Re: [R] regression towards the mean, AS paper November 2007

From: Kevin Wright <kw.statr_at_gmail.com>
Date: Tue, 18 Dec 2007 11:02:51 -0600

On Dec 17, 2007 3:10 PM, hadley wickham <h.wickham_at_gmail.com> wrote:
> > This has nothing to do really with the question that Troels asked,
> > but the exposition quoted from the AA paper is unnecessarily confusing.
> > The phrase ``Because X0 and X1 have identical marginal
> > distributions ...''
> > throws the reader off the track. The identical marginal distributions
> > are irrelevant. All one needs is that the ***means*** of X0 and X1
> > be the same, and then the null hypothesis tested by a paired t-test
> > is true and so the p-values are (asymptotically) Uniform[0,1]. With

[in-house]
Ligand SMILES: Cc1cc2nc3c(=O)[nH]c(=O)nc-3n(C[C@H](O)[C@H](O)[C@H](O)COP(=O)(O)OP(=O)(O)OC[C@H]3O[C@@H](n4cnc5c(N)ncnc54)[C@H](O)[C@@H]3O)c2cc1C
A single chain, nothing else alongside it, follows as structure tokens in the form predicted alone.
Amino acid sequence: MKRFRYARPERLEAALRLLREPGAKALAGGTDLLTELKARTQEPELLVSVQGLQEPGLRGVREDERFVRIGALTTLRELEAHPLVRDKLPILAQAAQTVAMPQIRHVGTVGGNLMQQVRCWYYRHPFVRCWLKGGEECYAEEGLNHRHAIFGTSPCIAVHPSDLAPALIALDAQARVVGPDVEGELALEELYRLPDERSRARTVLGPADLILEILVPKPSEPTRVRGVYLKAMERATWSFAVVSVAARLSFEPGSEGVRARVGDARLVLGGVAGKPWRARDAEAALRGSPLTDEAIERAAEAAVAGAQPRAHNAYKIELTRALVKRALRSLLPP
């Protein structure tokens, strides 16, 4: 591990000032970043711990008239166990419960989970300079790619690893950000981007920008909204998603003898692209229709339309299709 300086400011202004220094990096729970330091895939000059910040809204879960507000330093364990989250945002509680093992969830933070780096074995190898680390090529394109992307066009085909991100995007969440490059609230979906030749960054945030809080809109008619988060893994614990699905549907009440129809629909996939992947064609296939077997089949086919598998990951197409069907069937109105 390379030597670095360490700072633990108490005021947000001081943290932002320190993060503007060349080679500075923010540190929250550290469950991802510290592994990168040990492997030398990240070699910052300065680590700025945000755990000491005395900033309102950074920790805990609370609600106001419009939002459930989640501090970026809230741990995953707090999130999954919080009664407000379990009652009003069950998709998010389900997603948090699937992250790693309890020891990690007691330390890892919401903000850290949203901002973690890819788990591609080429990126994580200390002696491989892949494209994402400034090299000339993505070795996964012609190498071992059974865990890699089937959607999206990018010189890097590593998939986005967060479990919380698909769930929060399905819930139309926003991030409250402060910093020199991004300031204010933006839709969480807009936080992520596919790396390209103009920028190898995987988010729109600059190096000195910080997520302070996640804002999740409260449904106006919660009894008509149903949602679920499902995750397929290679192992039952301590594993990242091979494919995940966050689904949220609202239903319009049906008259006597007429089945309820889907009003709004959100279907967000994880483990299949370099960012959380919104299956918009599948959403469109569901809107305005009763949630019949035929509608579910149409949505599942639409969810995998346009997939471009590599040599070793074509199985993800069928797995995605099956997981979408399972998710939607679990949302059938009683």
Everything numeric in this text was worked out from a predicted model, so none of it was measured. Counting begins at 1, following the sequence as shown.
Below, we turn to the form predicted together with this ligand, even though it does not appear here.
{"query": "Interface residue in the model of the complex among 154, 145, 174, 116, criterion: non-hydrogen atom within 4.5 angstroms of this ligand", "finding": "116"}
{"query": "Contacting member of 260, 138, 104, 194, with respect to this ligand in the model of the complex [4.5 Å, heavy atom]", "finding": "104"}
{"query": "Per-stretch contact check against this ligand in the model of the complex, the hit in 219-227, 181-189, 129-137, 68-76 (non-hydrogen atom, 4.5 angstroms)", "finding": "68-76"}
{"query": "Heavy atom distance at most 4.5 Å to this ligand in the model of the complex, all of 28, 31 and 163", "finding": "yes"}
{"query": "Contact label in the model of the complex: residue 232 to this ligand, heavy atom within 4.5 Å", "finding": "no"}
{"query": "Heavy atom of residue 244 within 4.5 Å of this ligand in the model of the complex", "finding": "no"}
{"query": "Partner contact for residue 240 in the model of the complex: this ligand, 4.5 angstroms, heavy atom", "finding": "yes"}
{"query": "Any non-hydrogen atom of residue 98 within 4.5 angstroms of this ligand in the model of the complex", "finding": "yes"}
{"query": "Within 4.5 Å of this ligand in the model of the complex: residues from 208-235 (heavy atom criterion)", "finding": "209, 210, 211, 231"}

> > a sample size of 100, the ``asymptotically'' bit can be safely ignored
> > for any ``decent'' joint distribution of X0 and X1. If one further
> > assumes that X0 - X1 is Gaussian (which has nothing to do with X0 and
> > X1 having identical marginal distributions) then ``asymptotically''
> > turns into ``exactly''.
>
> Another related issue is that uniform distributions don't look very uniform:
>
> hist(runif(100))
> hist(runif(1000))
> hist(runif(10000))
>
> Be sure to calibrate your eyes (and your bin width) before rejecting
> the hypothesis that the distribution is uniform.
>
> Hadley

Thanks for the example, Hadley. To me, this suggests we should stop teaching histograms in Stat 101 and instead use quantile plots, which give excellent results for n=100 and even surprisingly good results for n=10:

par(mfrow=c(2,2))
for(i in c(10, 100, 1000, 10000)) {
  qqplot(runif(i), qunif(seq(1/i, 1, length=i)), main=i,

         xlim=c(0,1), ylim=c(0,1),
         xlab="runif", ylab="Uniform distribution quantiles")
  abline(0,1,col="lightgray")
}

Kevin (drifting even further off topic)



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